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Related Topics
Being Mentally Ill: A Sociological Theory Review - Being Mentally Ill: A Sociological Theory
Third Edition
by Thomas J. Scheff
Aldine de Gruyter, 1999
Review by Duncan Double
Sep 2nd 2003 (Volume 7, Issue 36)

A re-issue of this classic book is welcome, now that sufficient time has elapsed to gain a historical perspective on so-called "anti-psychiatry". The first edition in 1966 propounded the labeling theory of mental illness and formed part of the identified corpus of anti-psychiatric writings. Although the author, Thomas Scheff, now recognizes the one-dimensional, rather than consilient nature, of a single disciplinary sociological perspective, a dichotomy was created between the biomedical model of mental illness and theories, like labeling theory, which maintain that mental illness is primarily of social origin. Scheff argues that the statement of a countertheory to the dominant biopsychiatric model, even if not totally valid, is worthwhile in itself.

New chapters have been added to previous editions with little change to the earlier text. The new material allows a fuller exploration of the claims of biological psychiatry and its rise over recent years. The original theory is also modified and extended by placing an emphasis on the emotional/relational world, using the social interaction between patient and therapist as an illustration. After the first edition, Scheff's research interests moved on to emotions and approaches to integrating theory and method. The initial theory tended to ignore emotional aspects and was predominantly cognitive and behavioral.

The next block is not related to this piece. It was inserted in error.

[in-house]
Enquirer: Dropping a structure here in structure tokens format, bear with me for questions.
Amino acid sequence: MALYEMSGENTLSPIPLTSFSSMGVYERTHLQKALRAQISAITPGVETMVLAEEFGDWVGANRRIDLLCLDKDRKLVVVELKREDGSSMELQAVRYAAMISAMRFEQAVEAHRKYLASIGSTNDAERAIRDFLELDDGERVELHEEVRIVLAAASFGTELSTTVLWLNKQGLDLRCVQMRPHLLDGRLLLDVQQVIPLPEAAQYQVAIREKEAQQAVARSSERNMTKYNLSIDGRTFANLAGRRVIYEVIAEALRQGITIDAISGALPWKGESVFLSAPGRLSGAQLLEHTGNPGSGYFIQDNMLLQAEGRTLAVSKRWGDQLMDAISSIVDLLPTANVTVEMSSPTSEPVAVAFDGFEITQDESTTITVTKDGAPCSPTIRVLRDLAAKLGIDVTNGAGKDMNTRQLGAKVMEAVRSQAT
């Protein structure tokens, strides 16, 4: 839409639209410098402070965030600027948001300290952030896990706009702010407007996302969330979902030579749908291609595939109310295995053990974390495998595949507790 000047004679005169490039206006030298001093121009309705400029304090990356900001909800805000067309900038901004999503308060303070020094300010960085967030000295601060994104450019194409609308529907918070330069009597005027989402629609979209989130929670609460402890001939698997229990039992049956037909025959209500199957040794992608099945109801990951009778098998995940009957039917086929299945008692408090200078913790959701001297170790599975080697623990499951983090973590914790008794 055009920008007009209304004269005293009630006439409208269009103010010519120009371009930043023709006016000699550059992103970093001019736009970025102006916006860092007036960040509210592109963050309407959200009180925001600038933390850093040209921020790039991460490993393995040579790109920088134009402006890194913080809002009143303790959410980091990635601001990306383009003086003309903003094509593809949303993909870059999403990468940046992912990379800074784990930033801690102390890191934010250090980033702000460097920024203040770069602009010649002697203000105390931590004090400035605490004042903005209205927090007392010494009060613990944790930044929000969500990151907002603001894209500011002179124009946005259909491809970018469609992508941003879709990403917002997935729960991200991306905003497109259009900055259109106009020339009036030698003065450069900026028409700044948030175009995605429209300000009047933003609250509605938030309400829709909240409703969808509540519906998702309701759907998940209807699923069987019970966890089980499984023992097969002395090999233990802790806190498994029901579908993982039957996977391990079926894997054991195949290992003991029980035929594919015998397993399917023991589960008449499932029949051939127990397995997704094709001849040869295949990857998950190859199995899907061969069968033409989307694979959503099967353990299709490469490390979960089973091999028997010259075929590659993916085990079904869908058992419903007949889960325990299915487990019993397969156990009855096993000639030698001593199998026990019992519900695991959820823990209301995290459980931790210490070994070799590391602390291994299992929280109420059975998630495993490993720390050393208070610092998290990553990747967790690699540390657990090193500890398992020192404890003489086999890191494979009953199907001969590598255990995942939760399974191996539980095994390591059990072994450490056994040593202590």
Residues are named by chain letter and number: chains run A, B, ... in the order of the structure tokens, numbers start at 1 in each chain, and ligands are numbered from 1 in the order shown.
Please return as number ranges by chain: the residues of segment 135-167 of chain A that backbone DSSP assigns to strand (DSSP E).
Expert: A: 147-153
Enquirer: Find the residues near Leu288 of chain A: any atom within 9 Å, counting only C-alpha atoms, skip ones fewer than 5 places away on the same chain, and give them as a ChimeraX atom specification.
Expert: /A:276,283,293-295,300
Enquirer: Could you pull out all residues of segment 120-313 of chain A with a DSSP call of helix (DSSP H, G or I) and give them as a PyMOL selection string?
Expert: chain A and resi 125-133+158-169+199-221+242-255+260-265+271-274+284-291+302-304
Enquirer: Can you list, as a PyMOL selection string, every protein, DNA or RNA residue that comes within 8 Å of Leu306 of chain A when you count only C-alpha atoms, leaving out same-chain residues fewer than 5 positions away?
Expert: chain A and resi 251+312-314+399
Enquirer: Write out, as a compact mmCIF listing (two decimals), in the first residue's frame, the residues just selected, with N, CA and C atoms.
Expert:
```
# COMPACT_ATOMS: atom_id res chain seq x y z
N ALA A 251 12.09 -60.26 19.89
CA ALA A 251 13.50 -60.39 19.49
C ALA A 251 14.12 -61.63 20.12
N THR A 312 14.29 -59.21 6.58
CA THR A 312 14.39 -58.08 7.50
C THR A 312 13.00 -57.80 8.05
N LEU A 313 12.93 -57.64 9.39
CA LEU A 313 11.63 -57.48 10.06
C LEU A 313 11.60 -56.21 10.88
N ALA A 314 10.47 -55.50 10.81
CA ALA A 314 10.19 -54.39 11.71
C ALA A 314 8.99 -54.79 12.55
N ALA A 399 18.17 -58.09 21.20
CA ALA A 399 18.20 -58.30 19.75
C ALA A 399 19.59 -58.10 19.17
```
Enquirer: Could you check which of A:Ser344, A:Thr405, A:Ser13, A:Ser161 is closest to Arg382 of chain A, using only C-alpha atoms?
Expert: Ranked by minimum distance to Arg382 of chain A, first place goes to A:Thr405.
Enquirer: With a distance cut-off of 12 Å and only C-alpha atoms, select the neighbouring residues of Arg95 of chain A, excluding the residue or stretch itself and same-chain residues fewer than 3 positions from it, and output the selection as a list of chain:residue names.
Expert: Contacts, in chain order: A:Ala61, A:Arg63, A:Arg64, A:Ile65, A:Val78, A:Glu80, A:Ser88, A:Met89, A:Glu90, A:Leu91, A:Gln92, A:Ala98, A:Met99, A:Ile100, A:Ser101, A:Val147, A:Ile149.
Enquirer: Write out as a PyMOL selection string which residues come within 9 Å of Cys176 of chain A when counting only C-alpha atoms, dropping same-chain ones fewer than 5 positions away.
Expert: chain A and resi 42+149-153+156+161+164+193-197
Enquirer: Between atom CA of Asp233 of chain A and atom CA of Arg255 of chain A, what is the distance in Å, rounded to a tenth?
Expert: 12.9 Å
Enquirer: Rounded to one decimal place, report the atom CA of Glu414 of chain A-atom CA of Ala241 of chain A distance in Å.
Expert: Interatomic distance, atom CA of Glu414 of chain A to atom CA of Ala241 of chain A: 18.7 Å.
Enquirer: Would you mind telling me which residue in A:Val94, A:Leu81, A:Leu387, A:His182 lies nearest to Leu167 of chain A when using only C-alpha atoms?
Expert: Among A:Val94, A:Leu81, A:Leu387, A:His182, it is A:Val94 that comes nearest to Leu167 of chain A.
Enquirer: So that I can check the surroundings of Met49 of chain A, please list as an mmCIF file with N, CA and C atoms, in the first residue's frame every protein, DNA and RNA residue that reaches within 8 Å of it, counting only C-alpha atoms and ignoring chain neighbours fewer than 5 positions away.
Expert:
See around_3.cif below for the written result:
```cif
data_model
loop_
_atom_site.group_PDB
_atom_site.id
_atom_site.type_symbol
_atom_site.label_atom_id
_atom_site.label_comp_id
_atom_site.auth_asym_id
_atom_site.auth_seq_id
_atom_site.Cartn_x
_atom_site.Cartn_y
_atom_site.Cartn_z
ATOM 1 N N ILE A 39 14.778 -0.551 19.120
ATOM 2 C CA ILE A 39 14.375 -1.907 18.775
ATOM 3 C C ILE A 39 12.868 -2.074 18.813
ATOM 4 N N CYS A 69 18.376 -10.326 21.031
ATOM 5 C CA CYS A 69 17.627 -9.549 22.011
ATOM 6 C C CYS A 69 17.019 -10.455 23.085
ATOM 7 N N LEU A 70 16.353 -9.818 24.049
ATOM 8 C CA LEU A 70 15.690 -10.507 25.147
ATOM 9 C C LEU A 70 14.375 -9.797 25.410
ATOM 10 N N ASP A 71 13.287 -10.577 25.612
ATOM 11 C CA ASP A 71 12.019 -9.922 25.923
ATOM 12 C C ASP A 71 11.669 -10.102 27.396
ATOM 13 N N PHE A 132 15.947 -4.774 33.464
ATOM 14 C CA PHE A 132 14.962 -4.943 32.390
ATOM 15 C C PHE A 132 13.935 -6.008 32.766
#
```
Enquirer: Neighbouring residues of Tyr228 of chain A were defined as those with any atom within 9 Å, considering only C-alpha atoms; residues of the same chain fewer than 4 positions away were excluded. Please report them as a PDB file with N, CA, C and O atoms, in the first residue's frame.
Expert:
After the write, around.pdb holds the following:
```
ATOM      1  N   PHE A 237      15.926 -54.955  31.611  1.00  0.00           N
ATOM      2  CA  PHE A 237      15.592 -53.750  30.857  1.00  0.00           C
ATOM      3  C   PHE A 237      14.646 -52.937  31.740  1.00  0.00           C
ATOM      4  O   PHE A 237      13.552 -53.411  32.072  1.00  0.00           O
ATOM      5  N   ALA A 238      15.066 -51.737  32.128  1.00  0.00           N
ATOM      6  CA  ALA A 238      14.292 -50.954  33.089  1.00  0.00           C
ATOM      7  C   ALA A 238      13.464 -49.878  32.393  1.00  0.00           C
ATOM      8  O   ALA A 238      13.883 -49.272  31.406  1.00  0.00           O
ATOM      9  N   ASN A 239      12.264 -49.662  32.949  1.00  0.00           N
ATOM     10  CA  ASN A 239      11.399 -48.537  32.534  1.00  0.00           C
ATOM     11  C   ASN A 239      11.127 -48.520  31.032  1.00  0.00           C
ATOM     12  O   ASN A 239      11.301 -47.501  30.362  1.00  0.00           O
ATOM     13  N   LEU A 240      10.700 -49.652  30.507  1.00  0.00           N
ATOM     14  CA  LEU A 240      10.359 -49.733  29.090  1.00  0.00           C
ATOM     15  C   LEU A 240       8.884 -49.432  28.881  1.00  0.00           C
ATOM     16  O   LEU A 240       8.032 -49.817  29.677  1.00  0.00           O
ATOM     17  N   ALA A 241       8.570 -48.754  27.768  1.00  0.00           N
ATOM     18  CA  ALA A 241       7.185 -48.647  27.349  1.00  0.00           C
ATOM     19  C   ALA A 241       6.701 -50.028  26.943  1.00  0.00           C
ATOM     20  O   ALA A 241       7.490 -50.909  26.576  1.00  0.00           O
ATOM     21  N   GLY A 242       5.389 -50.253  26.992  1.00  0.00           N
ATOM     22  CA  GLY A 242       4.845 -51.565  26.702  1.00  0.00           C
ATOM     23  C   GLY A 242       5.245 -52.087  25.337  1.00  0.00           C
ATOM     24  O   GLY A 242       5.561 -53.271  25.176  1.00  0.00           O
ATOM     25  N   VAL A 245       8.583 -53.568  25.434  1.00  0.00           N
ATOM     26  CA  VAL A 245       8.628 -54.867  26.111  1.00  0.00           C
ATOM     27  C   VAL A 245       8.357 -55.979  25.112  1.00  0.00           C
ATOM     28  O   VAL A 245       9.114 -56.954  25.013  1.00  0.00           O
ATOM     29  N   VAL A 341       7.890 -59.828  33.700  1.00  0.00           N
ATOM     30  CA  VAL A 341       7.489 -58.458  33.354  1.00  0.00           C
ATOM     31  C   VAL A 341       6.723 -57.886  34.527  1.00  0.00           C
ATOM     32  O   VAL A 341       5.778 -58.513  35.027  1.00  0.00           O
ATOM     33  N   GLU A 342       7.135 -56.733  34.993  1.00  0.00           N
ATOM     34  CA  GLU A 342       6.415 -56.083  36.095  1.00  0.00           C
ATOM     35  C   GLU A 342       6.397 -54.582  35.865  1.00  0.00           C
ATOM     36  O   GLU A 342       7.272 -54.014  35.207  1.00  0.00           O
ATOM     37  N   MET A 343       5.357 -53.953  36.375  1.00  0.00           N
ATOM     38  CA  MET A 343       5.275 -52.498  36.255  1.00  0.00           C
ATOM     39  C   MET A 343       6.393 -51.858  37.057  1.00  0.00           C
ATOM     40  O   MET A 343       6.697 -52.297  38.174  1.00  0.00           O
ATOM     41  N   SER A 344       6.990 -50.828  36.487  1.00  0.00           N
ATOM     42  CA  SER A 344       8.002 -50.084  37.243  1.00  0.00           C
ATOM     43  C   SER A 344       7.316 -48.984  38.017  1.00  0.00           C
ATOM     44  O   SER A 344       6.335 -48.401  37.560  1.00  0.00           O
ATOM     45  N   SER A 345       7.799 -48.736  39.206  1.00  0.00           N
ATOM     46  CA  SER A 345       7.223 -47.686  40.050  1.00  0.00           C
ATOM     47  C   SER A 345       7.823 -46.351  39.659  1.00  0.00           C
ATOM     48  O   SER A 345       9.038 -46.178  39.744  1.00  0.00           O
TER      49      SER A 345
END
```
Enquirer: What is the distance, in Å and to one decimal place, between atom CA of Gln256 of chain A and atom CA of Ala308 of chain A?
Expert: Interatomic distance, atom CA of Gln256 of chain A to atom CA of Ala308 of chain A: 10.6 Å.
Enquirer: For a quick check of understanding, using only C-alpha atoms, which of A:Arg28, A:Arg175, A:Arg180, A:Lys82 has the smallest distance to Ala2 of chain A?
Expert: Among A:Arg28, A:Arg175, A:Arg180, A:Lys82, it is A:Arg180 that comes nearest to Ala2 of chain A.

Of course, social deviance cannot be the total definition of mental illness, as the first edition of the book tended to imply. Other forms of deviance, such as criminality, exist in society. Social misfitting itself cannot be used as evidence, let alone sufficient evidence for diagnosing mental illness. It is important, though, to appreciate that the essential point of Scheff's theory is that the person recognized as mentally ill is the deviant for which society does not provide an explicit label. Of all the categories of norm violations, such as crime, perversion, drunkenness and bad manners, labeling someone as mentally ill is identified with residual rule-breaking. Here Scheff differs from Thomas Szasz, who contests the social nature of health and proposes the term "problems in living" as an alternative term for psychiatric symptoms. Sheff suggests that if Szasz had used the phrase "residual problems in living" he would have come closer to his solution to the issue of mental illness.